[aprssig] Generators and LPG Conversion (was APRS in NOLA)

Ray McKnight shortsheep at worldnet.att.net
Fri Sep 2 00:23:14 CDT 2005

After my new generator went bust due to bad gas, I looked into an LPG
conversion for it.  First, it will cost roughly $300 for the conversion,
a bit less if you don't want to have multi-fuel capability (keep in mind,
places that fill portable tanks need electricity to pump it, so availability
LPG may not be any better than gasoline in a disaster).  Converting a
gasoline genset with void the warranty if it's a newer unit.  You will have
a slightly reduced output (roughly 10%) compared to gasoline due to less
BTU content in LPG (but LPG is better than LNG as a comparison).
If you need remote starting capabilities, LPG/LNG is difficult to implement
due to complex valve/selenoids required for priming and choke, but there
are systems that are available, albeit rather pricey.  Fuel consumption is
about the same as gas, so a 20lb portable tank will last about 8-9 hrs
running a 5KW genset at 1/2 load.

Conversion kits are generally only available for generators about 4kw and
So if you want something other than gasoline, you might consider a 2kw or
larger marine/RV style diesel genset, but keep in mind diesel fuel also has
storage issues with fungus growth (kept in check again with additives).
Also, there are a lot fewer diesel mechanics than small gas engine mech's,
it will probably be costlier to repair, and harder for the home mechanic.
initial cost will also be much higher than a gas genset.

A really good alternative might be to investigate a permanent standby LPG
system for your home.  Don't bother with the Guardian units sold at Home
there are an abundance of 10-15kw units available surplus as many companies
installed these for Y2K and now don't want them.  But of course you'll
need more than a BBQ grill sized tank, a fixed above ground tank gets into
building code/permit issues.  Nothing hard, just need to be installed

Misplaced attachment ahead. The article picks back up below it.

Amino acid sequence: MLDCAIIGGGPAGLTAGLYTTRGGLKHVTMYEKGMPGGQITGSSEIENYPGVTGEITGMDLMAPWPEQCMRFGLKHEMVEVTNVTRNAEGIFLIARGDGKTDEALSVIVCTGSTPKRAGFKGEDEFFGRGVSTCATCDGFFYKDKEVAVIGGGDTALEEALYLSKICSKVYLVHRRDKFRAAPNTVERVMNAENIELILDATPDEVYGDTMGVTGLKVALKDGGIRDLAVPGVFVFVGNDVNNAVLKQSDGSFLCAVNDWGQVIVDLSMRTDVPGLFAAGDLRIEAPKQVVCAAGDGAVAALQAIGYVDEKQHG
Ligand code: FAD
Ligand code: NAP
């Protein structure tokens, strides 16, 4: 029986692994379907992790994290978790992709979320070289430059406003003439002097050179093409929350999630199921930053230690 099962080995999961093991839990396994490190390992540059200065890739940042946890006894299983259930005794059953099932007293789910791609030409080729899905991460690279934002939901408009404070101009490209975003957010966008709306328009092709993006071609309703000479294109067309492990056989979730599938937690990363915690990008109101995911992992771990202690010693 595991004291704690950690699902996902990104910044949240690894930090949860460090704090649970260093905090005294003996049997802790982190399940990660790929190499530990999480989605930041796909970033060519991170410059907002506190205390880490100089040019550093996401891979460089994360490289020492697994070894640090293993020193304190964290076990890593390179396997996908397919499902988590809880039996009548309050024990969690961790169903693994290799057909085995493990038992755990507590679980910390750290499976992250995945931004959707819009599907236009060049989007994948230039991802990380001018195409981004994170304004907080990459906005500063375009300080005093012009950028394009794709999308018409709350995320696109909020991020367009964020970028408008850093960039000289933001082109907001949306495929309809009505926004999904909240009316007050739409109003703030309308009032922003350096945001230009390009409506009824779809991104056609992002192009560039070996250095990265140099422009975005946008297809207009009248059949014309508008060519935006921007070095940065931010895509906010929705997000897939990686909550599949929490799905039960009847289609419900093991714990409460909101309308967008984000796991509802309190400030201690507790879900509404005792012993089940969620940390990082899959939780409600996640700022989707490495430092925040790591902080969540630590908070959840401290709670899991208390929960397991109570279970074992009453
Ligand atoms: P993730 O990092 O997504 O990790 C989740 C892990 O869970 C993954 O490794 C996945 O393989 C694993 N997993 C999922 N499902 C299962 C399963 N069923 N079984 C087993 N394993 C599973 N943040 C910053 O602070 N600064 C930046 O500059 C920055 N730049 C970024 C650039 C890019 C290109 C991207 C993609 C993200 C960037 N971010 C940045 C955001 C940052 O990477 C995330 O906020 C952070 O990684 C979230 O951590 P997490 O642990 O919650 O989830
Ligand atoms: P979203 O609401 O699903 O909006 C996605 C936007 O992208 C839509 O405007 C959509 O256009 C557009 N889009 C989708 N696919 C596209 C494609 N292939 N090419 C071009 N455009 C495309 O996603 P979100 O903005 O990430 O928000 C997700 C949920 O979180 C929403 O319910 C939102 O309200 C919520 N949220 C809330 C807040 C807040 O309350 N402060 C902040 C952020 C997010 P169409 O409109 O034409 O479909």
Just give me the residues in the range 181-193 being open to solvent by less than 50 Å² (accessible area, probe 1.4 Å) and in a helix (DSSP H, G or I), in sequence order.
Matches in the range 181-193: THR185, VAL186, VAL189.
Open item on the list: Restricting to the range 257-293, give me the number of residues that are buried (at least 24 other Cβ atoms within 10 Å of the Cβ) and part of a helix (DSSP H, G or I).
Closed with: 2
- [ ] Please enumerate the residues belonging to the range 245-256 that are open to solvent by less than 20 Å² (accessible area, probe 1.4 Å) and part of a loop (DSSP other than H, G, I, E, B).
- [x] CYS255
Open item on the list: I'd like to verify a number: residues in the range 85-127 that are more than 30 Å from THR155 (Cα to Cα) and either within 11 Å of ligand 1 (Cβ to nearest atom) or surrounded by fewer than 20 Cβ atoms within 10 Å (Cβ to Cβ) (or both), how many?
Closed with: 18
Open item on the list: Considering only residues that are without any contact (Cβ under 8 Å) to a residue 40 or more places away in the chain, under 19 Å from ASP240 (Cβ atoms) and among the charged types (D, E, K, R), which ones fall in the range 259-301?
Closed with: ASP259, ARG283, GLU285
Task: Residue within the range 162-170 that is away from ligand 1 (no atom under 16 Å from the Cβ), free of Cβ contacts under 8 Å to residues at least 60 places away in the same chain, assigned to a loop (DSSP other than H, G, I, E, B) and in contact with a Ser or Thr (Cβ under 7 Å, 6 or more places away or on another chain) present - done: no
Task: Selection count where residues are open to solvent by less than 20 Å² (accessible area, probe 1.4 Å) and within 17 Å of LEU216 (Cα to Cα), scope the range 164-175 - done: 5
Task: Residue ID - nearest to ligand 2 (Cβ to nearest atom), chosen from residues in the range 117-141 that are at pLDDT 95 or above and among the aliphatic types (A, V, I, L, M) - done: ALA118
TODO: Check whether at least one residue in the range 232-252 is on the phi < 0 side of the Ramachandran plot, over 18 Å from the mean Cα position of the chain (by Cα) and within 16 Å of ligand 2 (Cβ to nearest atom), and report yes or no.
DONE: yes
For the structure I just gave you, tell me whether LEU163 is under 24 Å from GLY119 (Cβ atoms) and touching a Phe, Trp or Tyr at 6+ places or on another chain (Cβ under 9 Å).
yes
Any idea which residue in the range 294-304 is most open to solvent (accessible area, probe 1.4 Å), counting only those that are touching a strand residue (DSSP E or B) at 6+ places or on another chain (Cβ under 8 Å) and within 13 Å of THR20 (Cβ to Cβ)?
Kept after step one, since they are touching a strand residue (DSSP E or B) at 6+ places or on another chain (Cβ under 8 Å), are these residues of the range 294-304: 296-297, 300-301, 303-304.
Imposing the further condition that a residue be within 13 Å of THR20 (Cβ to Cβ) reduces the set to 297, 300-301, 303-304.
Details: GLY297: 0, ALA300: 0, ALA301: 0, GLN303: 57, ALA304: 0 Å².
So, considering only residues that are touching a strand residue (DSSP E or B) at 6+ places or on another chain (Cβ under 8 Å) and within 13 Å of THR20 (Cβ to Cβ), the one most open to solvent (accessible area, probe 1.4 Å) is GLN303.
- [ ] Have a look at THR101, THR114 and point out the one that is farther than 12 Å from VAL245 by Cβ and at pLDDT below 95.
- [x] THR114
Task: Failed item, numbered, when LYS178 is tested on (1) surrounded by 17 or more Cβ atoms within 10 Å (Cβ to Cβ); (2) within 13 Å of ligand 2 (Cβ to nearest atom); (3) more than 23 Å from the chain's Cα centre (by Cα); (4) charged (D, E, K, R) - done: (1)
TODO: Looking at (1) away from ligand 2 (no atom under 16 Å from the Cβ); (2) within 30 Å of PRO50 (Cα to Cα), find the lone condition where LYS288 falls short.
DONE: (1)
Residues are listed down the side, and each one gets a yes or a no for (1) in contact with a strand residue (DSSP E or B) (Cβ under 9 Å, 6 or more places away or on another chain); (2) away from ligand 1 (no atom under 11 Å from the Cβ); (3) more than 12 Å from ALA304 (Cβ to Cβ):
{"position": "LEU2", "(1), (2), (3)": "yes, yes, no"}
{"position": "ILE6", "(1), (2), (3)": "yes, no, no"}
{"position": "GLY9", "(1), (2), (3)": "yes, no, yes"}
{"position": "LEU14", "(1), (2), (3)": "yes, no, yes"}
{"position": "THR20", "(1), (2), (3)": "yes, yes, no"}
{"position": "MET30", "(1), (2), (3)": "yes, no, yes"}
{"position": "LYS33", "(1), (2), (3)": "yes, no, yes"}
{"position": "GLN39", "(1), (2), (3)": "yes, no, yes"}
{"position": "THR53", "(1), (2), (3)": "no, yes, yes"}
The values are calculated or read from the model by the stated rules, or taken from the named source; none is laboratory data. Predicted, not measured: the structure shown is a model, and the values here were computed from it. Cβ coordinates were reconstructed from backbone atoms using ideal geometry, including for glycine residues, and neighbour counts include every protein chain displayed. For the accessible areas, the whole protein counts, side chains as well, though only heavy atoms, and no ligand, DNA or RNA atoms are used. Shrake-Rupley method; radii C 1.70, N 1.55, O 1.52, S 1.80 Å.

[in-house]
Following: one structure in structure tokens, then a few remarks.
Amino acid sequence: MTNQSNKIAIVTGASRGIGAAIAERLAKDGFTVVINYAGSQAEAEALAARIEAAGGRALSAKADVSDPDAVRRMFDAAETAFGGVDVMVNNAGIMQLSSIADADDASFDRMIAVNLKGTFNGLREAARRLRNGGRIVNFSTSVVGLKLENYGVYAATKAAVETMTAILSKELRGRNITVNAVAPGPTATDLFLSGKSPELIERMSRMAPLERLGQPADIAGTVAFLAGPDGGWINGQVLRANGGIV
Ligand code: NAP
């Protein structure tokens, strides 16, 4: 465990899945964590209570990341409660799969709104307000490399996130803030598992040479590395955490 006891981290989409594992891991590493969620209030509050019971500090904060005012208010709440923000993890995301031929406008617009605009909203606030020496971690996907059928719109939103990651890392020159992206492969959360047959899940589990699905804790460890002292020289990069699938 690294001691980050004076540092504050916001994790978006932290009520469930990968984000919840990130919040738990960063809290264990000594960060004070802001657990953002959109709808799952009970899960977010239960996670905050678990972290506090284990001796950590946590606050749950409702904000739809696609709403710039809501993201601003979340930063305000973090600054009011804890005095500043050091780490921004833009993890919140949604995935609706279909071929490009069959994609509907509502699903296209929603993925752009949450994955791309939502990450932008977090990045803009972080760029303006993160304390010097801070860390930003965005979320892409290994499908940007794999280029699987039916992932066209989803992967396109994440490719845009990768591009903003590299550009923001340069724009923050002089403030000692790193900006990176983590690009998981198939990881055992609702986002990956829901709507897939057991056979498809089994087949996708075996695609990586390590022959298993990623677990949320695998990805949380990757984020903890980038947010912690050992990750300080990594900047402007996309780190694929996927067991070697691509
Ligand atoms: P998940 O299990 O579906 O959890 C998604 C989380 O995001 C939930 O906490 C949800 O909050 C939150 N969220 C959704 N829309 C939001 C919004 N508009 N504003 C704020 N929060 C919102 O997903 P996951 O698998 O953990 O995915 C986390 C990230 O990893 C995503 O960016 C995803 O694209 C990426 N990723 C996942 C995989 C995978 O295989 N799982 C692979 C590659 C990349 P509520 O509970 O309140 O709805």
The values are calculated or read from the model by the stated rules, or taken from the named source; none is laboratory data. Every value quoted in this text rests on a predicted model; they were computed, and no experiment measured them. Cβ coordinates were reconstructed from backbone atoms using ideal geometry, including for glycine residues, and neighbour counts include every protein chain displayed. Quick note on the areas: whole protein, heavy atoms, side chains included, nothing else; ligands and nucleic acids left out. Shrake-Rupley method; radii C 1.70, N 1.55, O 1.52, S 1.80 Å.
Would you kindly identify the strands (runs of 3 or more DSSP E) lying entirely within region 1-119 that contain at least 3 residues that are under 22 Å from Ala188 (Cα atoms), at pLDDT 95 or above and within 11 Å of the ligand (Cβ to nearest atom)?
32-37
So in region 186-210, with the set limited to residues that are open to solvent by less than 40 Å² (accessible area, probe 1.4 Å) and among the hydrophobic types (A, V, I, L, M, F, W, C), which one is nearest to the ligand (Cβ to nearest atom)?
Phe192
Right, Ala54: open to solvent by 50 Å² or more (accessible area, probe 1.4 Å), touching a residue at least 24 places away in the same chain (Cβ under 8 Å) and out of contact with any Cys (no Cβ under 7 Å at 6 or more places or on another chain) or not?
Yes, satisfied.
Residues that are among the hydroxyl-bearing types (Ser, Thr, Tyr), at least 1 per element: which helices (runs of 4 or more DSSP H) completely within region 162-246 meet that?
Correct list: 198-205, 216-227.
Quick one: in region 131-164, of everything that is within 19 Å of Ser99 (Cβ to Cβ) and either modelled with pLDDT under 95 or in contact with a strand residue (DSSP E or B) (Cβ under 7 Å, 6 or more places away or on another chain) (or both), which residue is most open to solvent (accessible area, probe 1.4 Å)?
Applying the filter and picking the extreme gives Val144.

Of course, they aren't portable.  One other nice benefit of LPG is it
burns cleaner and thus you may be able to run longer between oil changes.
Most people don't plan on needing to do maintenance during an emergency,
but it may be nesesssary for prolonged situations, so have enough spares
on hand (fuel/air filters, oil, spark plugs, etc).

For any genset, I'd recommend an engine with steel piston sleeves for
longevity and reliability, as well as a pressurized oil system with low oil
cutoff.  I'd steer clear of the $400 specials at Harbor Freight and discount
chains like that.

Most generator mfg's offer a quieter muffler, and you can always add
one yourself with a bit of plumbing.  One last thing, if you intend to use
it in a national forest and most state parks you'll need an approved
spark arresting muffler.
----- Original Message ----- 
From: <scott at opentrac.org>
To: "'TAPR APRS Mailing List'" <aprssig at lists.tapr.org>
Sent: Thursday, September 01, 2005 20:52
Subject: RE: [aprssig] New Orleans APRS digi still on the air

> Is anyone out there using a propane or natural gas conversion on their
> generator?  I've been told they solve a lot of fuel storage and
> problems.  I suppose diesel would be the best choice for larger units, but
> I'd rather have something unobtrusive like one of the smaller Honda
> ultra-quiet generators, but with storable fuel and the option to run on
> natrual gas if it's available.
> Are there any major drawbacks besides the lower energy density of the
> Scott
> N1VG
> > -----Original Message-----
> > From: aprssig-bounces at lists.tapr.org
> > [mailto:aprssig-bounces at lists.tapr.org] On Behalf Of Richard Amirault
> > Sent: Thursday, September 01, 2005 8:41 PM
> > To: TAPR APRS Mailing List
> > Subject: Re: [aprssig] New Orleans APRS digi still on the air
> >
> > Sure you can store gas ... I do it all the time .. BUT, never
> > more than those 60 days .. About every 4 to 6 weeks I run the
> > car's tank below it's normal minimum of 1/2 full, so that I
> > can empty the stored gas into the car and re-fill the gas
> > cans. That way the stored gas is always reasonably fresh.
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